Mistaken Communication: What Are Animals Really Telling Us


Is animal behavior sometimes misinterpreted? Arguably, the leading misinterpreters are so-called animal communicators.

People are somehow desperate to know what their pet is thinking, particularly if there’s a behavior problem .Inexplicably,  instead seeing a veterinarian or a science-based expert in animal behavior, such as a veterinary behaviorist or certified animal behavior consultant, some prefer the pet psychic.

In a Boston Globe story Sy Montgomery indicates she feels the same, pointing out how an animal communicator mistook what an elephant was communicating.

This happens all the time regarding dogs and cats. Some animal communicators are longtime pet owners, and have a good intuitive feel for what the animal may be telling their owners….Maybe. But, overall, it’s seriously ridiculous, and potentially hazardous to the pet. For example, an animal communicator may say, “Your cat is going outside the litter because he’s mad at you ….”

Our pets don’t do whatever they do out of spite or to ‘get back at us.’ So now the communicator offers advice – which may do no further harm, or may actually create a worsening problem. Either way, if it’s a new behavior, the right answer is to see a veterinarian. There may be a medical explanation, such as hyperthyroid disease or diabetes as two examples. Of course, unless the medical condition is taken care of by a veterinarian no animal communicator will help. And by offering advice (whatever it is) which doesn’t involve seeing a veterinarian, a medical condition may worsen over time. What’s more the behavior advice may not be especially helpful, even IF the assessment of the problem is on target.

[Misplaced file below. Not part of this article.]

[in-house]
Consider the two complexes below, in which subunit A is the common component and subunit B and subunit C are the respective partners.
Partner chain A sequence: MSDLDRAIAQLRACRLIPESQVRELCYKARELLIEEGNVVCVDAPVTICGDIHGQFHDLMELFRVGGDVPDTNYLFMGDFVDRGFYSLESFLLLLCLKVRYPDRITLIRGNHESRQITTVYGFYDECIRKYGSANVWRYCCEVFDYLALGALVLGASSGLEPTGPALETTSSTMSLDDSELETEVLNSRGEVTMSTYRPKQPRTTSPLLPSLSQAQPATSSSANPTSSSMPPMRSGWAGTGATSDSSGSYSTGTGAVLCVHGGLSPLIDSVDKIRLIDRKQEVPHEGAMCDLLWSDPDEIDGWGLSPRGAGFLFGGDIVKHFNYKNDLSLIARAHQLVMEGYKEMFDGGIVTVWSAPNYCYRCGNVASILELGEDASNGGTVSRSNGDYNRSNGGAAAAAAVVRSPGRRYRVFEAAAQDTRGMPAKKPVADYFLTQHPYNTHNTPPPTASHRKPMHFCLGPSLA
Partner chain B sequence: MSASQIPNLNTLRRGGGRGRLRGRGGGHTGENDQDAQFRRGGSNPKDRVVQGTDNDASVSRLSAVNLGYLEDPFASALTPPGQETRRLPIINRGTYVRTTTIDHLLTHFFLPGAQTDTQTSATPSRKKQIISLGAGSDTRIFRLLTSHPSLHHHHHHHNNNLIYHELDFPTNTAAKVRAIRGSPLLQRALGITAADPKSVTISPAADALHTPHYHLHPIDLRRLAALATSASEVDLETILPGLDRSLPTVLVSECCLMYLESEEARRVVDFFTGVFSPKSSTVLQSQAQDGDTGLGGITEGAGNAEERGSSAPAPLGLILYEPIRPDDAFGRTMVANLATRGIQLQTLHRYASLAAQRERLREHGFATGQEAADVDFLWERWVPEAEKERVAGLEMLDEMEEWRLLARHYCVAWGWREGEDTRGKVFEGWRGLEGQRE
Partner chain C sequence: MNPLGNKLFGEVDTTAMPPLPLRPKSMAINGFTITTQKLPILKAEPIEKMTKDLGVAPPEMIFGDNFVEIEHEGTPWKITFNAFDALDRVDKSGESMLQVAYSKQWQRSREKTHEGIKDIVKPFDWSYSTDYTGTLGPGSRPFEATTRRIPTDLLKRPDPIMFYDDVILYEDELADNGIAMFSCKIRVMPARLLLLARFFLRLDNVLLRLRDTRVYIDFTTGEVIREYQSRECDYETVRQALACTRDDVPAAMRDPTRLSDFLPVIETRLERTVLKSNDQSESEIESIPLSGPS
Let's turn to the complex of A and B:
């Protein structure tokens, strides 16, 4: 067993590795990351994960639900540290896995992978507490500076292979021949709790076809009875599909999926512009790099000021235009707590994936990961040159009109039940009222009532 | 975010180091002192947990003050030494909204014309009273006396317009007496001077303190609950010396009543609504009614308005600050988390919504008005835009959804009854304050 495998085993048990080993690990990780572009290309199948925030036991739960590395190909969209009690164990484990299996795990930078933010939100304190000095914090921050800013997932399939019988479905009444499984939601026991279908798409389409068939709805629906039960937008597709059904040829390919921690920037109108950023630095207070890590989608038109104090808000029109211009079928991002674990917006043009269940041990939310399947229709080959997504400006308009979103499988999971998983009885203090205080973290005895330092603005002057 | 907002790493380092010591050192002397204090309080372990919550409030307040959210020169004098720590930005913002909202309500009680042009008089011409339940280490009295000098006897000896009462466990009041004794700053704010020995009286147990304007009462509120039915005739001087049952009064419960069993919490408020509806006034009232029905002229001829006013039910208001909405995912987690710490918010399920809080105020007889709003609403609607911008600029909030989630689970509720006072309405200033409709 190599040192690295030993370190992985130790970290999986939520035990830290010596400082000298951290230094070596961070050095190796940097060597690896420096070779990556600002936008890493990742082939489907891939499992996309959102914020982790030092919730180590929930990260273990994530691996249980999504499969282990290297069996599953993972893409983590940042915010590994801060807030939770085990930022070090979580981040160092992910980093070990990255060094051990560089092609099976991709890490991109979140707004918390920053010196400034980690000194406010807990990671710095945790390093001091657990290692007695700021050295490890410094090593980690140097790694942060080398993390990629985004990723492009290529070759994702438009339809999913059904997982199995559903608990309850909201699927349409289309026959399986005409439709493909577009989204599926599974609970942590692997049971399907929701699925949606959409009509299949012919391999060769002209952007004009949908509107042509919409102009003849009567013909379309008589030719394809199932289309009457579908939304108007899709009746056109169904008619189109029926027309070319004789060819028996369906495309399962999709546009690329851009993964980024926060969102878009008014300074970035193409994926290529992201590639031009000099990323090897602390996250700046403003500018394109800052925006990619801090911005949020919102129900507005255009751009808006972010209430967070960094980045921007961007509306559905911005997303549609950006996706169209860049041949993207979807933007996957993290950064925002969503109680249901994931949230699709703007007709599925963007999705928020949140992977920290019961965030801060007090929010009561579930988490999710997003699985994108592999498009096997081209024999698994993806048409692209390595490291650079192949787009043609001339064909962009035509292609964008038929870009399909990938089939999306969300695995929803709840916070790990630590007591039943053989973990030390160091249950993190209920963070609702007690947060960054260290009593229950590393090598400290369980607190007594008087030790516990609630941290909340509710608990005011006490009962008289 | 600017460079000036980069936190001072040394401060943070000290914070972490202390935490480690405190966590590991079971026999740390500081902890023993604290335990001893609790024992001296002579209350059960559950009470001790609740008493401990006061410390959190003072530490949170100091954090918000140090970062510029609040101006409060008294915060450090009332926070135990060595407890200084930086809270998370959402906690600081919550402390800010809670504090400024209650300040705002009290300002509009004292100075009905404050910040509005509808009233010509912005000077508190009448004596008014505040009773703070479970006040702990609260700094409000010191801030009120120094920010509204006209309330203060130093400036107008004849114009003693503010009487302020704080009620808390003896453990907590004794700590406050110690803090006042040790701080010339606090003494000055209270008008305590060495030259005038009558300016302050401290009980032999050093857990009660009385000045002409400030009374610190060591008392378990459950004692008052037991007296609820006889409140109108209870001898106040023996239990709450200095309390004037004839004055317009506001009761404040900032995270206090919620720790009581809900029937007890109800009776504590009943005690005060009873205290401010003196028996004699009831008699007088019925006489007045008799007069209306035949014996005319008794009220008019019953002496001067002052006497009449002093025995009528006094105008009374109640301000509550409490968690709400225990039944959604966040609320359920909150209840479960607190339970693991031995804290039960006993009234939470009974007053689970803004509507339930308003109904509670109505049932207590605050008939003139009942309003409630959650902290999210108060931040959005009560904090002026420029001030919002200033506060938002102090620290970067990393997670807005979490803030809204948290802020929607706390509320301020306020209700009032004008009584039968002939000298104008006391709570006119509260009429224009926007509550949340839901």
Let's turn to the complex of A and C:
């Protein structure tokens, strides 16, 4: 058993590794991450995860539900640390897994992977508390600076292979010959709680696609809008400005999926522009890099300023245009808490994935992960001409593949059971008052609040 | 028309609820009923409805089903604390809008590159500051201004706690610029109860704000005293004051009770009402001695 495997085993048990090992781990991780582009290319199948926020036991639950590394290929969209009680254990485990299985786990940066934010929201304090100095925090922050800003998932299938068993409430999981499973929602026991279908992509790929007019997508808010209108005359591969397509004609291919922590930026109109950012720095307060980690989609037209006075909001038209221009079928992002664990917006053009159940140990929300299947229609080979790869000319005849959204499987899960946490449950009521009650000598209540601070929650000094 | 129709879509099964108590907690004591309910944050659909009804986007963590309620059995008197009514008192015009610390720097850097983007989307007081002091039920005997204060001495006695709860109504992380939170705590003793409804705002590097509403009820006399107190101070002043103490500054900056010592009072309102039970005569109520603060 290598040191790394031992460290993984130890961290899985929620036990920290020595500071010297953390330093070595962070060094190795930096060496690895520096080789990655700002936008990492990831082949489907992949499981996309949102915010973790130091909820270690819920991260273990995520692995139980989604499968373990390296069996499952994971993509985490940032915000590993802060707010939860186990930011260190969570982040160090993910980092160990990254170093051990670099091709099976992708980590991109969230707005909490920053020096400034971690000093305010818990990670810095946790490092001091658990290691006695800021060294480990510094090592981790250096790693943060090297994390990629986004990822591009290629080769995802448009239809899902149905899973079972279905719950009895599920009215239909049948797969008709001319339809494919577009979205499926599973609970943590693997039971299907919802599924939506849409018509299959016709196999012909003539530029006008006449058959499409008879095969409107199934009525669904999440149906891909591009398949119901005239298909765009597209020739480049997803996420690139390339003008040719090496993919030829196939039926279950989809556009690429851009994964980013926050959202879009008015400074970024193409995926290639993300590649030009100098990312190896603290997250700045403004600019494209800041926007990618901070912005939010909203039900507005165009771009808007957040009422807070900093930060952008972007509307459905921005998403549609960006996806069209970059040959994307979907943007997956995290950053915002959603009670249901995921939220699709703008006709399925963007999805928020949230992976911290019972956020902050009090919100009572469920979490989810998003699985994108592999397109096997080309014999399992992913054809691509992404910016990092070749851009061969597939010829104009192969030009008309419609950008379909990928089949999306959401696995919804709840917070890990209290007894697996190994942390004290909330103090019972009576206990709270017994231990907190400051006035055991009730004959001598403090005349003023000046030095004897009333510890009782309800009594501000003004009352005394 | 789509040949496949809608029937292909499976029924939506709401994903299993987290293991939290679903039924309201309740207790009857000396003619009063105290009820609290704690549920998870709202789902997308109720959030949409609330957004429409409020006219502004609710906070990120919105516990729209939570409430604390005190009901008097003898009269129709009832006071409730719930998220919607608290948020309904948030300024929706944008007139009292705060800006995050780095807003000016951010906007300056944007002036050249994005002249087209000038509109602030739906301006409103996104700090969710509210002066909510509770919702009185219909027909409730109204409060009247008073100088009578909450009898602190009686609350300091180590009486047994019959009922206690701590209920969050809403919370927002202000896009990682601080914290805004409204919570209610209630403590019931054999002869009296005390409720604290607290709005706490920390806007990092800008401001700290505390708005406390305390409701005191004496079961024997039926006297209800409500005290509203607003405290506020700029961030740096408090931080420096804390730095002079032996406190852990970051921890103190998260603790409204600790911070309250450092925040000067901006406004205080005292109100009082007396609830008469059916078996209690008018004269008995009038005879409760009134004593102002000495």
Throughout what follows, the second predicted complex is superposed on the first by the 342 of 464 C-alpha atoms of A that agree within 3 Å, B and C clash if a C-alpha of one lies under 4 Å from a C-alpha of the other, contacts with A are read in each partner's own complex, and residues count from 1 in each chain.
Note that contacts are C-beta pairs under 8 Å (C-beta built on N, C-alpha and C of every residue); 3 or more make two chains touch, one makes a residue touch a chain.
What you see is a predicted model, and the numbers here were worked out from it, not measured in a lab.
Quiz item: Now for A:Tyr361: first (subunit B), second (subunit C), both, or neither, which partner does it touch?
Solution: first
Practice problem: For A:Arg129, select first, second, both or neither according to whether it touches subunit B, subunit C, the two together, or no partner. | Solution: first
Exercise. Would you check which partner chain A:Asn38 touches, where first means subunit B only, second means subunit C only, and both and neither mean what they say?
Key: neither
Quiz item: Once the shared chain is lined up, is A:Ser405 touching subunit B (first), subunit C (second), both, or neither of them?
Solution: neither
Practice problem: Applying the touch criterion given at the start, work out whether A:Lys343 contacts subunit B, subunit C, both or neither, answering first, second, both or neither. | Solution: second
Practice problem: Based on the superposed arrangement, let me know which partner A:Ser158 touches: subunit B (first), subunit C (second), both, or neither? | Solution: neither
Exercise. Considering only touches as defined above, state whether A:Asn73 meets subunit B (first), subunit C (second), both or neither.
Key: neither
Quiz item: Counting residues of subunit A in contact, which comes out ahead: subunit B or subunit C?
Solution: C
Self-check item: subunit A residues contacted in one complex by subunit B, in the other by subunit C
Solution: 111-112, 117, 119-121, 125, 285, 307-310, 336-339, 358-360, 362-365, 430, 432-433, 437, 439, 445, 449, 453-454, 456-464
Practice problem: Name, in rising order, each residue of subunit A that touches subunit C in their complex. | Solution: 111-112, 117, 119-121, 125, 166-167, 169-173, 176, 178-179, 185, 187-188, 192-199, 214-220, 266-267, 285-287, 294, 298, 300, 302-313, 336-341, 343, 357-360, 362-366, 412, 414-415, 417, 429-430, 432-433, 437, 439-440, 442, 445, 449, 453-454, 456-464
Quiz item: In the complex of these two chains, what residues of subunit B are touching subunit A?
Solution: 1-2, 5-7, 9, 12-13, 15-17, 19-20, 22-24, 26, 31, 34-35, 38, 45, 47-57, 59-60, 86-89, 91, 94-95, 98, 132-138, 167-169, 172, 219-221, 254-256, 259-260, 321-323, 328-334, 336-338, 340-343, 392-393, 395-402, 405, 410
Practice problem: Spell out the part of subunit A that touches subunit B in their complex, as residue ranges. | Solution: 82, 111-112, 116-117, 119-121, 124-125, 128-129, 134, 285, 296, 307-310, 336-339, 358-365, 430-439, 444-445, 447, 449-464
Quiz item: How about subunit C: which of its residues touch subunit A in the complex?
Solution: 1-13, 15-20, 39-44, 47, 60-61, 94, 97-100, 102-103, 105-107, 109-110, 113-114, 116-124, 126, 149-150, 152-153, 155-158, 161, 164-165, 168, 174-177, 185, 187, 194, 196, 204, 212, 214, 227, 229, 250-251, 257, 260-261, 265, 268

It’s no different with wild animals. Montgomery recalls a volunteer  at the Birute Galdikas rehabilitation and conservation center for orangutans in Borneo (where I spent time about three decades ago)  went to hug an adult orang that she only previously met once. Truth is all great apes do hug. Dogs and cats don’t naturally do that, so when we go to hug them, they may not take it so well.

I recall one animal communicator telling a forlorn pet owner to hug more often, when she said whenever she went to hug her dog, her pup would hide.

The communicator’s advice was to coax the dog from under the bed (at least the communicator didn’t say ‘force the dog out’), and hug and hug until the dog has to love it. Following this advice the dog may experience what’s called learned helplessness, and essentially give up. The dog is not only not enjoying the experience, but is suffering psychological agony. Some dogs dogs may ‘fight back’ and bite. Many dogs and cats do indeed learn to tolerate human hugs, many even enjoy the attention….but it’s not natural for dogs and cats to accept hugs or to give them, though some dogs have learned to hug people. In any case, advice from this animal communicator might have led to a dog bite, and most certainly didn’t enhance the human/animal bond.

Back to Borneo, Montgomery says the volunteer hugged the orangutan, and then was summarily pushed to the ground. Orangs are strong, and the offended great ape could have done serious harm to he, but that was obviously not the intent. Only the volunteer’s  ego was bruised, coming away thinking the orangutan doesn’t love her.

What if I meet the same woman who hugged the ape on say a Monday, and then approached her and without warning gave her a great big bear hug the next day, she likely would back off, maybe smacking with her handbag even.

Animals are always communicating something, whether it’s our dogs at home,  an orangutan in Borneo or elephant in Asia or Africa. Our ability to translate what they’re communicating  is dependent on our understanding of context, the species, etc. It’s not a matter of reading minds. And on occasion, even science will fail. After all, we’re not dogs, orangutans or elephants.